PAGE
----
Tag Archives: dragon

Did You Know {60} ~ Socotra Island Dragon Blood Tree, Yemen

Many beautiful, interesting, and strange plants live on our planet. One very unusual species is the Socotra Island dragon blood tree, or Dracaena cinnabari. This tree not only has a very distinctive appearance but also releases a red sap, or resin, that is known as dragon’s blood. People have collected and used the resin for many years.

According to legend, the first dragon blood tree was created from the blood of a dragon that was wounded when it fought an elephant. Like the unfortunate dragon, the tree secretes its resin when it’s injured. In ancient times, the resin was believed to have magical and medicinal properties. People used it as a pigment for art, a dye, and a medicine. Dragon’s blood is still used for these purposes today.

Socotra Island is part of an archipelago off the coast of Yemen and Somalia. A fascinating and unique group of plants and animals live on the islands of the archipelago. Conservation of these organisms is very important for maintaining the Earth’s biodiversity.

Symbols {6} ~ Dragons

From St. George’s famous battle in the bible to the colorful creatures spotted in Chinese New Year parades, dragons appear all over the world and throughout history. While dragons are often depicted in the West as ferocious monsters, in the East they have different connotations. In Chinese folklore, dragons are auspicious creature symbolizing strength, life, and prosperity. Chinese, Japanese, and Korean legends associate them with water realms, where they serve as guardians of rivers, oceans, and rain. In Hinduism and Buddhism, mythical and semi-divine serpent beings known as Naga are occasionally portrayed as dragons.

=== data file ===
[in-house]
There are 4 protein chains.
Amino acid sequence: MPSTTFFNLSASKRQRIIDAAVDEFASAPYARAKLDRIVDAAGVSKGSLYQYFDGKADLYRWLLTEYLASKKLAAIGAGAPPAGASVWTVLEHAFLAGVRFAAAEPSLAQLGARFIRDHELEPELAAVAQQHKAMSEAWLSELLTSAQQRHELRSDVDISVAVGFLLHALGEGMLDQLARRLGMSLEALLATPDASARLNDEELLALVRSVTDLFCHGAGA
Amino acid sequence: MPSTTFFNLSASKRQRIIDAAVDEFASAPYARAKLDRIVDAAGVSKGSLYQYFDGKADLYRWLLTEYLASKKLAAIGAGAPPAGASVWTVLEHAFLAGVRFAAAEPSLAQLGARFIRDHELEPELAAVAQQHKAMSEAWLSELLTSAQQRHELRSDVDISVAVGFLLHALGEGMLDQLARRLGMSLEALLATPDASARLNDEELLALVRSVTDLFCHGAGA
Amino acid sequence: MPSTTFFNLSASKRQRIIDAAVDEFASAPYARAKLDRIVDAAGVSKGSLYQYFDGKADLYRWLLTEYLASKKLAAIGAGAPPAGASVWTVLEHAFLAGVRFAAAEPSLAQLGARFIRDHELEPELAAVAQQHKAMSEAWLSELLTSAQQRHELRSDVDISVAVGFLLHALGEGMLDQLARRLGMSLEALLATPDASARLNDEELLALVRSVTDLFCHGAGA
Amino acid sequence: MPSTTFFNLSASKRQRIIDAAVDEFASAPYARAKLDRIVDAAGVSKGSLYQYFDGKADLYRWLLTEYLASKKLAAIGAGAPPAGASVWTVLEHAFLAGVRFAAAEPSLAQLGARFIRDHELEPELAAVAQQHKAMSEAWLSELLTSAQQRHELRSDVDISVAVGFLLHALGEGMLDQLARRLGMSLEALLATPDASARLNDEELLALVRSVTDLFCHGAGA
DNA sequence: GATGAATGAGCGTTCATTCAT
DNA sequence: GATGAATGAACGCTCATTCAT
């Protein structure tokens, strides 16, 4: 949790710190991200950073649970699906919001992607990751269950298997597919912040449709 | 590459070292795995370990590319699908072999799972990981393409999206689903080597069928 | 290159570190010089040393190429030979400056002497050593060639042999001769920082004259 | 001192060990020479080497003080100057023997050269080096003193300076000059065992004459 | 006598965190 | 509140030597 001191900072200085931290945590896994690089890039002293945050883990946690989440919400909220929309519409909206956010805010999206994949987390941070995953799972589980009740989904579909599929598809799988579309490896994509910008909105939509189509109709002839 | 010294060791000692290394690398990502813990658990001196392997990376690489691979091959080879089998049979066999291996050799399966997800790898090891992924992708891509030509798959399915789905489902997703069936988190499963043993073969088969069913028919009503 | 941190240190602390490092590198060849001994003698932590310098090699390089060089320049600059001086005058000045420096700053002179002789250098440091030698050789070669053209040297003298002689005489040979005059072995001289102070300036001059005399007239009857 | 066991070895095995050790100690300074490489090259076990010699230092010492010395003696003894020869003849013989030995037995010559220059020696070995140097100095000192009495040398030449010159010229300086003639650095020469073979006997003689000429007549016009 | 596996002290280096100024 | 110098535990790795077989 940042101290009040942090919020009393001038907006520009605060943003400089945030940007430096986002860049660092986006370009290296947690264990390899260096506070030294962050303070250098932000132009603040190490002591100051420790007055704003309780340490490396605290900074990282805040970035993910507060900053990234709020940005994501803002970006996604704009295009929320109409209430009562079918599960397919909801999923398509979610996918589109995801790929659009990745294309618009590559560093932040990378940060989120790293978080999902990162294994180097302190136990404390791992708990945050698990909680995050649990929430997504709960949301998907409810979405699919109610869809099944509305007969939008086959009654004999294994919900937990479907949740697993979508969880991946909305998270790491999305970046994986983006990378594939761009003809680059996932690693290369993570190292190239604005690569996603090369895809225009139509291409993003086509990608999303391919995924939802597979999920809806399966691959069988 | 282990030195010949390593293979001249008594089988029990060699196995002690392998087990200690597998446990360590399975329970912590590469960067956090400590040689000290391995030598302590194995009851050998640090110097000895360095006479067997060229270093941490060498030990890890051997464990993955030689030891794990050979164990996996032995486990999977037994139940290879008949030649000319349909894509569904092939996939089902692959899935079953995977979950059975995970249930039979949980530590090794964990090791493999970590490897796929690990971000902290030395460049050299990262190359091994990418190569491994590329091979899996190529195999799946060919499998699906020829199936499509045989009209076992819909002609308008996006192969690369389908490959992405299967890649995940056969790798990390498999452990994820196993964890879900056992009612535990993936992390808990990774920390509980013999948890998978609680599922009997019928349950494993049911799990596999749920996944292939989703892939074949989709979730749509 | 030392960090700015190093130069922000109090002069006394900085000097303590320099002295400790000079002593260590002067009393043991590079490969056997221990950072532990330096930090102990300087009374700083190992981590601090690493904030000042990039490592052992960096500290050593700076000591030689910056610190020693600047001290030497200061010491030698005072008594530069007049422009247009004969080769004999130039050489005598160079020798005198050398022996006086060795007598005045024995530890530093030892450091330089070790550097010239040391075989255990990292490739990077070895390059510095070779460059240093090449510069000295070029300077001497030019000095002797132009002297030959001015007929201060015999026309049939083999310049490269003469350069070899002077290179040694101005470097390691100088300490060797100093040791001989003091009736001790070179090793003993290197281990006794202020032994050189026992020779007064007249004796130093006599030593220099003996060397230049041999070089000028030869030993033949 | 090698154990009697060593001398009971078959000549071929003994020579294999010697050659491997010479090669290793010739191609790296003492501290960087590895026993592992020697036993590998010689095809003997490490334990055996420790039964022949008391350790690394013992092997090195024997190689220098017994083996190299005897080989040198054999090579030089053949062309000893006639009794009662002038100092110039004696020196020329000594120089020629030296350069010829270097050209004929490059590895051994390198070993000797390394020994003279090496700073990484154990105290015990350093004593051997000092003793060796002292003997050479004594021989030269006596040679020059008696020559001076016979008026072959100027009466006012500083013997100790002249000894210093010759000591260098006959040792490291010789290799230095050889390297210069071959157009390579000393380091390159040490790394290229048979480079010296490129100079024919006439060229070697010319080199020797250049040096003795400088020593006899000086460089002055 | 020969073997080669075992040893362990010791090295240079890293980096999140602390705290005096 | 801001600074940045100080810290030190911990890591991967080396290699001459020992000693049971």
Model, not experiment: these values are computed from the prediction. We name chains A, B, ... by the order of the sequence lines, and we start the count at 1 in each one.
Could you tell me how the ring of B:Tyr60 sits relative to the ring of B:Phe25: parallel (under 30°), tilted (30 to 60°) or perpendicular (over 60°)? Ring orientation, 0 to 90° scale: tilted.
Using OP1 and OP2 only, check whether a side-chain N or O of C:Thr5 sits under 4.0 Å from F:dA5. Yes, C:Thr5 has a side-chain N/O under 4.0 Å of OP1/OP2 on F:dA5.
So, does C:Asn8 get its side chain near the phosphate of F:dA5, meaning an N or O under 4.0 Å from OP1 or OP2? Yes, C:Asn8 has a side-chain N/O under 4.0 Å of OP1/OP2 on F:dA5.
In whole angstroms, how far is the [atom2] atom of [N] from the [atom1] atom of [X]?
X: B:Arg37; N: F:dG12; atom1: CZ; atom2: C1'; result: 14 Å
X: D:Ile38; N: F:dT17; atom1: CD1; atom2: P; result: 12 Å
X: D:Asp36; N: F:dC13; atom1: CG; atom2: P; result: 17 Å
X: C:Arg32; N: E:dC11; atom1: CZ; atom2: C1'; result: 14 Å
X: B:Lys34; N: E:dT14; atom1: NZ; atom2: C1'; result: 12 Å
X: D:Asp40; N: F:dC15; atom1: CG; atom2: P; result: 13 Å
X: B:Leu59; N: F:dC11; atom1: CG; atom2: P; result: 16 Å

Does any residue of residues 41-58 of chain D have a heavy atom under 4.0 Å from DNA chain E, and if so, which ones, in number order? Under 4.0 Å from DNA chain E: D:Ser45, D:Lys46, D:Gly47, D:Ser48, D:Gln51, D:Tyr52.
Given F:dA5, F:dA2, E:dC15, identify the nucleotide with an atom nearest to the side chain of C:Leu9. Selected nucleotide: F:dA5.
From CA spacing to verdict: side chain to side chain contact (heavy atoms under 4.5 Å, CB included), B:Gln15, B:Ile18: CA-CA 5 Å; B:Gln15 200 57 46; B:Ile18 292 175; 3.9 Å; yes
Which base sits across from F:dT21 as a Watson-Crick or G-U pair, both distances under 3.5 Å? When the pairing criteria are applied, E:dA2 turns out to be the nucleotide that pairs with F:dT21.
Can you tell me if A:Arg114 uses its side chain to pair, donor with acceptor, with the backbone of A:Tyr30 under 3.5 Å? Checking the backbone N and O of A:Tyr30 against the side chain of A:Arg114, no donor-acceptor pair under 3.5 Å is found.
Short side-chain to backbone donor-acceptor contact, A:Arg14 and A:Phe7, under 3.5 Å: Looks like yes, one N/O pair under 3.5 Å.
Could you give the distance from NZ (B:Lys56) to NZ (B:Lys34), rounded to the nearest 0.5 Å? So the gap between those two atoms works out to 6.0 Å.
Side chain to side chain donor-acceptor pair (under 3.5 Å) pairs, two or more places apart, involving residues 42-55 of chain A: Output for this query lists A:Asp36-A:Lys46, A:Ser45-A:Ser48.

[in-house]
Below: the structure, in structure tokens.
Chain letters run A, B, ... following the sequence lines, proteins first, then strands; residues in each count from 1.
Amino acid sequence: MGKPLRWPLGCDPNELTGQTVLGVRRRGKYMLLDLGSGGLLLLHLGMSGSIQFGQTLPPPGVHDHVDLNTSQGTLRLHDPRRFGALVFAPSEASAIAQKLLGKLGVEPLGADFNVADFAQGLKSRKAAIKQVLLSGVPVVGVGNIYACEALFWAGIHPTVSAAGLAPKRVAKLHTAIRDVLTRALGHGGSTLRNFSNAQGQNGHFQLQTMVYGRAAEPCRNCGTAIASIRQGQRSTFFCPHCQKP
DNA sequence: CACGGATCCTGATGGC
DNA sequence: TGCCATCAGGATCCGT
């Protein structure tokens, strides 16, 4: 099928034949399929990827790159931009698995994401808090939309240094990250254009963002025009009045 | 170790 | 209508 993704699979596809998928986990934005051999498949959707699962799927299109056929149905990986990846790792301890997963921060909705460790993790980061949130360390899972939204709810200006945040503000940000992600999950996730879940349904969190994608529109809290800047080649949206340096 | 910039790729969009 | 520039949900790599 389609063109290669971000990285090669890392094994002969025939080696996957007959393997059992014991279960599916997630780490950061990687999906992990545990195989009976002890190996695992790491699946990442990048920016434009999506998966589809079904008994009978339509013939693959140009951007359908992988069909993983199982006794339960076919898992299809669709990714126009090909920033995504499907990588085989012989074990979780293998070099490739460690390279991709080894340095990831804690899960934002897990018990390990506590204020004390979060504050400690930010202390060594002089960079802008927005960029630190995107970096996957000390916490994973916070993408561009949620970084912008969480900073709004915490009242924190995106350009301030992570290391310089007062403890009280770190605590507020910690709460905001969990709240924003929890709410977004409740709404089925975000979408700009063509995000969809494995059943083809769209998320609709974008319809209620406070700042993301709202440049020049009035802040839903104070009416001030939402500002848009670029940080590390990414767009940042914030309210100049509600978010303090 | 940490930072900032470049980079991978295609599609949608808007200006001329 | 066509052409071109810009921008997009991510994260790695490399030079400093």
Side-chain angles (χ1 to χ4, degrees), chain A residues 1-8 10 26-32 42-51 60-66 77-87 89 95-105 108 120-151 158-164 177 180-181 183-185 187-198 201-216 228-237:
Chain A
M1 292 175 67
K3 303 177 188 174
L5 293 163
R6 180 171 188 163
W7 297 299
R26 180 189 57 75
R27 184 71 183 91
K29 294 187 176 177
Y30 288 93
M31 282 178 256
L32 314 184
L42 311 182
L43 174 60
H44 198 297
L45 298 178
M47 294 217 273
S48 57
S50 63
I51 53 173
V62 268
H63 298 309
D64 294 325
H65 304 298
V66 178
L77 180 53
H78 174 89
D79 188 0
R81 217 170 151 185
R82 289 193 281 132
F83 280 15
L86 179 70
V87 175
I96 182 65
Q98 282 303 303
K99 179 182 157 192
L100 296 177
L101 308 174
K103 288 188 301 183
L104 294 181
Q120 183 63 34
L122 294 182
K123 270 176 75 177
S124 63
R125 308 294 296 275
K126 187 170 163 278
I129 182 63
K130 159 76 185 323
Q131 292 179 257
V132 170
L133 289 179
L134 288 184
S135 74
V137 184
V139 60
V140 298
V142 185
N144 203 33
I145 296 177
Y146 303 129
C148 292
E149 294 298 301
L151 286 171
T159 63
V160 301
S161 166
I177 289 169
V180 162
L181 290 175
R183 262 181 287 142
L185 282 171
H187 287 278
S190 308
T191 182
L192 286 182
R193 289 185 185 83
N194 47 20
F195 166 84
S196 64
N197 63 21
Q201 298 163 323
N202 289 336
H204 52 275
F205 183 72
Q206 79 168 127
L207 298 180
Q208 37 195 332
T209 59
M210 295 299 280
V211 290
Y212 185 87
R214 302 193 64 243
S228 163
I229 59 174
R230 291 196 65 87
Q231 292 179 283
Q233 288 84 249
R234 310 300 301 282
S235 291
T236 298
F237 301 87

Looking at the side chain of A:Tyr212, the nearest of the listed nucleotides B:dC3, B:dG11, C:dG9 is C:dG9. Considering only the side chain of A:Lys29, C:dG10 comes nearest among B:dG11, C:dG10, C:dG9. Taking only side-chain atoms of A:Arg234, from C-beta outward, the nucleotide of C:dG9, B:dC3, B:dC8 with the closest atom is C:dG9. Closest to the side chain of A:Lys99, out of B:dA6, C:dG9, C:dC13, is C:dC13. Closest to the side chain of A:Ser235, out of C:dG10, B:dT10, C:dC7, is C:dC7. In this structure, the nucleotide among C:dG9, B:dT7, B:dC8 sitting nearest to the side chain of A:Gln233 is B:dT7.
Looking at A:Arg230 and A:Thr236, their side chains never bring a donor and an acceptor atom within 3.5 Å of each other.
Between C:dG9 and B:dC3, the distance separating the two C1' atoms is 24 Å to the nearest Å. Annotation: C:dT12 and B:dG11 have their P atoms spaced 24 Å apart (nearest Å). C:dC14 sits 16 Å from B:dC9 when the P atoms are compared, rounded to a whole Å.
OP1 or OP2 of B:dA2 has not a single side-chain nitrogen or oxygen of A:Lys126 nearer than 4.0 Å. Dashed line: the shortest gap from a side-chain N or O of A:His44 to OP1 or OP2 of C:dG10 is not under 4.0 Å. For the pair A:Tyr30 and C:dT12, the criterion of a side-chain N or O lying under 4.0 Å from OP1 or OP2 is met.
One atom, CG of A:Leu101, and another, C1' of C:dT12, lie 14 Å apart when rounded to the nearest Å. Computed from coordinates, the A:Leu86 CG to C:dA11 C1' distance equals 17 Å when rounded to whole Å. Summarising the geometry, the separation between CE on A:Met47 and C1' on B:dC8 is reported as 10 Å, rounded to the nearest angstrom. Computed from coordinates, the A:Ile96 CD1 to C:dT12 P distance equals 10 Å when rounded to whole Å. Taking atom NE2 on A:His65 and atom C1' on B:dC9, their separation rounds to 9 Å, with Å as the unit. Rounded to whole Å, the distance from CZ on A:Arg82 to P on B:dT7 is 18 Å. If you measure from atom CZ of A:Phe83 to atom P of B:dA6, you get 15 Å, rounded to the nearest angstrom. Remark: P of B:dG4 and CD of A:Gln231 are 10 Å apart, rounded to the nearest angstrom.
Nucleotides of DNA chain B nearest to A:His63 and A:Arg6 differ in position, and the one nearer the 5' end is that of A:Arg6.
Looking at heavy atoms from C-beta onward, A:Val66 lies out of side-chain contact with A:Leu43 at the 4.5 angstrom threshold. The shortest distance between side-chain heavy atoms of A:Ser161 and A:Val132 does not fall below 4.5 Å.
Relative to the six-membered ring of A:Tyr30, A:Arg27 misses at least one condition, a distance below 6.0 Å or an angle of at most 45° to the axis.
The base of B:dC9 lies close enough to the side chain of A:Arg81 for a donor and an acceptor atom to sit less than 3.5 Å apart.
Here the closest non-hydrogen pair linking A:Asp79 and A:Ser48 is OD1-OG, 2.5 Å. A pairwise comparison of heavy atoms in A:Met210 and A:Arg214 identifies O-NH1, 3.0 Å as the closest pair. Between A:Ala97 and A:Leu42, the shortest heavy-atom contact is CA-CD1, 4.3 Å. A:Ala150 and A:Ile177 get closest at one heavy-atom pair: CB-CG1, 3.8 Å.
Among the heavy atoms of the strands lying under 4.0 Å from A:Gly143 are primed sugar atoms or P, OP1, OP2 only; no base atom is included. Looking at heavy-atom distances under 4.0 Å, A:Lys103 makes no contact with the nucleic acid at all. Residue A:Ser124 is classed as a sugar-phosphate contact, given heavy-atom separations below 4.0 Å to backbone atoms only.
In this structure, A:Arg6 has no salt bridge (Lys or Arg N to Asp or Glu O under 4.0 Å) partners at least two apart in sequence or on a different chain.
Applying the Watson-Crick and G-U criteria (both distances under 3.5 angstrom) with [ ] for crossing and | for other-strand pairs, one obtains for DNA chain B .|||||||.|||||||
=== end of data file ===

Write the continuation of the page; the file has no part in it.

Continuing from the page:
Symbols {1} ~ Ouroboros

The name Ouroboros is Greek in origin. Oura means tail while Boros is translated as eating. Taken together, it means ‘tail devourer’ or ‘one who eats the tail’. As a symbol, it depicts a serpent consuming its own tail.

The Ouroboros is one of the world’s most ancient mystical symbols, having appeared in Egypt as early as 1600 BC. It was adopted by the Phoenicians and later the Greeks, who gave it its name. Over the centuries it has been subject to several interpretations by different cultures. One is that it represents the Universe’s eternally cyclic nature, which creates life out of destruction. In alchemy, it symbolizes the continuous renewal of birth and death that alchemists struggle to break free from. Gnosticism and Hermeticism also hail the Ouroboros as representative of cyclical natural life and the unity of opposites. Gnostics, in particular, regard it as a sign of the transcendence of duality and a connection to Abraxas, the solar god.